Susan Clancy’s word memorization test as a sign of false memories is significantly more flimsy than McNally’s test for posttraumatic stress disorder. (This isn’t the place to delve into its technical flaws; instead, I’ll just repeat what I’ve already said about its fatal flaw: the reliance on an unvetted, self-selected sample.) In a subsequent publication, I’ll go over the details of her work.) Instead, the issue I’d like to explore is her use of a rather easy word memorization methodology to substantiate her claim that a subject’s clearly unpleasant recollections are untrue. Clancy claimed flatly in an early press interview that she expected everyone would accept the premise that all abduction experiences were hallucinations because “everyone” knew UFO abductions didn’t exist. This, she seemed to believe, was absolute truth – and yet another example of irrational, faith-based science. So, at the commencement of their investigation, neither she nor McNally planned to even mention the possibility that UFO abductions had occurred, much less to actively investigate that possibility. Their shared worldview believed that such encounters were, ipso facto, fake memories, a thesis in which the two appear to believe as fiercely as the Pope believes in the immaculate birth.

Another illustration comes to mind. Imagine an equal number of women who have claimed rape experiences and are now being tested by a couple of experimental psychologists instead of a group of abductees. The psychiatrists indicate right away that they don’t believe any of these ladies were raped and are continuing on that basis. As a result, their goal isn’t to verify the women’s allegations, but to figure out how to prove their “tendencies to fantasize and generate false memories.” Because the testers “know” in advance that these rape memories are false, there is no need for a police investigation into the alleged rape accounts – no physical or medical evidence, no visits to alleged crime scenes, no interviews with potential witnesses, and no checks on the rape victims’ reputations. In other words, nothing will be done to support the truth of their experiences. Of course, this is an awful, even brutal thought, but it’s similar to the Clancy-McNally approach toward UFO abductees.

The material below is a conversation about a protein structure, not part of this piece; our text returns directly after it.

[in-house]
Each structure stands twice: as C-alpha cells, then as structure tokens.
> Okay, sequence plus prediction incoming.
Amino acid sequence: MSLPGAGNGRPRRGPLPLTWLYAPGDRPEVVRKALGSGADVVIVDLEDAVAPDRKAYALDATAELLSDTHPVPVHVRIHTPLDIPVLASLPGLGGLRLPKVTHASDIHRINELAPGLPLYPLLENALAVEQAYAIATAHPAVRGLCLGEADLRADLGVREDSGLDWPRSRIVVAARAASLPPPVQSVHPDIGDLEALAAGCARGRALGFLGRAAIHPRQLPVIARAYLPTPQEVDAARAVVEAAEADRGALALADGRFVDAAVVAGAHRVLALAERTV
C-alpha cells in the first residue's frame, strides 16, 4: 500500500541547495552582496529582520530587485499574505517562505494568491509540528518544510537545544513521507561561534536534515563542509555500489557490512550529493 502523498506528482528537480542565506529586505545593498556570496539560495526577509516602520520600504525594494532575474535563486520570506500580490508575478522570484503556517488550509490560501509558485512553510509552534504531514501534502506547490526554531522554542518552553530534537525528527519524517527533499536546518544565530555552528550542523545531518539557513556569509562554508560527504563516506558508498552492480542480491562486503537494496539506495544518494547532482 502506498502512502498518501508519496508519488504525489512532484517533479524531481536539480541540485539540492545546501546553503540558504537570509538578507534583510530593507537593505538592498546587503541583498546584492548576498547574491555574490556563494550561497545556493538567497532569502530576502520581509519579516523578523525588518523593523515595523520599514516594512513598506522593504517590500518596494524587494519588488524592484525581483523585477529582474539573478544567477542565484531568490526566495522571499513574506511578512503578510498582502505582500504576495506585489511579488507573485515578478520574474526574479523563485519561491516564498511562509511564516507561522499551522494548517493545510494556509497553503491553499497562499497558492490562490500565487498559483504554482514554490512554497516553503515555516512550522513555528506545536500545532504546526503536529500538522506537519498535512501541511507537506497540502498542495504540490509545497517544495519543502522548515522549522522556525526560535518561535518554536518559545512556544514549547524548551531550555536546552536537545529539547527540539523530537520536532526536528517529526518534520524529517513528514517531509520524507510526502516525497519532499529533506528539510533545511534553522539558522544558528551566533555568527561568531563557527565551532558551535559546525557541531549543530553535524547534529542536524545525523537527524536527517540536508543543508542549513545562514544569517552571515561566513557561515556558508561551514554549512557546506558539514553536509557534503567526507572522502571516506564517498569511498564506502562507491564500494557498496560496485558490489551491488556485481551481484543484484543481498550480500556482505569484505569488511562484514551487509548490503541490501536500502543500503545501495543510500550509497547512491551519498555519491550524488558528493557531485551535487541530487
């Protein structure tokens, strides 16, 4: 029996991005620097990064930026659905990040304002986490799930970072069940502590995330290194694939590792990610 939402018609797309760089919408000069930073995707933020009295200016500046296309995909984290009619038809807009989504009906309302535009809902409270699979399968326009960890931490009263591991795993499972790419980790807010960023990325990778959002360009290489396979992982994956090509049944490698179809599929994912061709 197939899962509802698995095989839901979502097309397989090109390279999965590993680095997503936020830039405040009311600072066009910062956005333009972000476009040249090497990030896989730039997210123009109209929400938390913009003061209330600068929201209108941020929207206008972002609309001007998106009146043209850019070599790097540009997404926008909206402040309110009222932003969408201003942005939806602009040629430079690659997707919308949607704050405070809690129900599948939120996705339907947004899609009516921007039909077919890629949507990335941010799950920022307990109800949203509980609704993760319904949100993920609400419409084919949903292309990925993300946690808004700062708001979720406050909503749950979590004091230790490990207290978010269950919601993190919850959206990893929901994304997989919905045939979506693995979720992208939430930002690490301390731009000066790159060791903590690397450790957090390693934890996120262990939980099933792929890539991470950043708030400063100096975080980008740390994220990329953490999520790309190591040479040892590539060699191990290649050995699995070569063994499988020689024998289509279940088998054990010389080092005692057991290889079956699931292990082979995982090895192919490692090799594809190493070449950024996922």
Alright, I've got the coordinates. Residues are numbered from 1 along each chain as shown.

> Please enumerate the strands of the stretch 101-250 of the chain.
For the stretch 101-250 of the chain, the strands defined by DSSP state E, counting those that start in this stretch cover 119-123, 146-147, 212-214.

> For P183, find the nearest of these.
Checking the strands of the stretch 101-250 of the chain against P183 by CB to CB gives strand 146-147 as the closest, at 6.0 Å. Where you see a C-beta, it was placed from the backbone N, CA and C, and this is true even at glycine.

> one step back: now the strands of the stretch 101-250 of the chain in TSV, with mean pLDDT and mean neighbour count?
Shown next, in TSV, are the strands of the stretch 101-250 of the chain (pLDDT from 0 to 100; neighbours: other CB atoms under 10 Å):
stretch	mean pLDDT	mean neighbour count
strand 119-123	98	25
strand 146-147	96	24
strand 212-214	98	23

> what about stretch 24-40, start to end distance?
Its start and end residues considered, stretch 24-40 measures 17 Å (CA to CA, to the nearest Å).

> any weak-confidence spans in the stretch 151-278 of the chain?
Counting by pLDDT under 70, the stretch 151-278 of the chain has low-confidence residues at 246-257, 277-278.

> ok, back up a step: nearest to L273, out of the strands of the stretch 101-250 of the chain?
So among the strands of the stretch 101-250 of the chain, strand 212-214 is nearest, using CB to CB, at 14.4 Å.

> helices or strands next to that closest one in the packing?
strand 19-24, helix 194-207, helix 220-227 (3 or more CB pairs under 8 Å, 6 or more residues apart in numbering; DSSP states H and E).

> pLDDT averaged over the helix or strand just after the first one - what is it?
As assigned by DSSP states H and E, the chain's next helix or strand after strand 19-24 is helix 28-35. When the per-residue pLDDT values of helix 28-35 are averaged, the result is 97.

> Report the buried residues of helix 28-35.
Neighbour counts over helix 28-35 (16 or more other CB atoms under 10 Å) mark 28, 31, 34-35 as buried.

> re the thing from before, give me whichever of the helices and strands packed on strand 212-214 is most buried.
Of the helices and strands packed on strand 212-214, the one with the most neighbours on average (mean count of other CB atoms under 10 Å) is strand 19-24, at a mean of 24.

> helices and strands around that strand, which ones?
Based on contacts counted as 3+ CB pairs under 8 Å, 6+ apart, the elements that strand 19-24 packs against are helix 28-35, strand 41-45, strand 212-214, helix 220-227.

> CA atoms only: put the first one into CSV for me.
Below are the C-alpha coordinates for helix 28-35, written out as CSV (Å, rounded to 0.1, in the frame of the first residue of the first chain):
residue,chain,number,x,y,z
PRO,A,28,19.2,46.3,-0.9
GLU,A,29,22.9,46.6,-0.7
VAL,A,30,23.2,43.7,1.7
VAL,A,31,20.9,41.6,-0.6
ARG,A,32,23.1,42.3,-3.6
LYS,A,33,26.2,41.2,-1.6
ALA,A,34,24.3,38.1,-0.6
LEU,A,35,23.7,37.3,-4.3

Clancy conducted no research into any of her subjects’ abduction stories, including no queries into supporting witnesses, travels to purported locales, searches for physical evidence, or interviews with friends and family members, as I previously said. Everything she performed, according to her word memorization test and personal interviews, took place in the lab, despite her apparent lack of knowledge of the literature, history, or complexity of the UFO phenomenon. When one of the guests on “Larry King Live” recently exhibited a blow-up of the world-famous Trent UFO photographs from McMinnville, Oregon, possibly the best-known UFO photos in existence, I, along with Clancy and several others, appeared. They first appeared in “Life” magazine in 1950, and have since been reprinted hundreds of times in a variety of periodicals. Furthermore, an investigator for the skeptical Condon Committee described the McMinnville photo case as follows: “This is one of the few UFO reports in which all factors investigated, geometric, psychological, and physical, appear to be consistent with the assertion that an extraordinary flying object, silvery, metallic, disc-shaped, tens of meters in diameter, and clearly artificial, flew within sight of two witnesses.” Dr. Bruce Maccabee, an optical physicist, has thoroughly studied this issue, flying to McMinneville and interviewing the Trents, their relatives, and neighbors.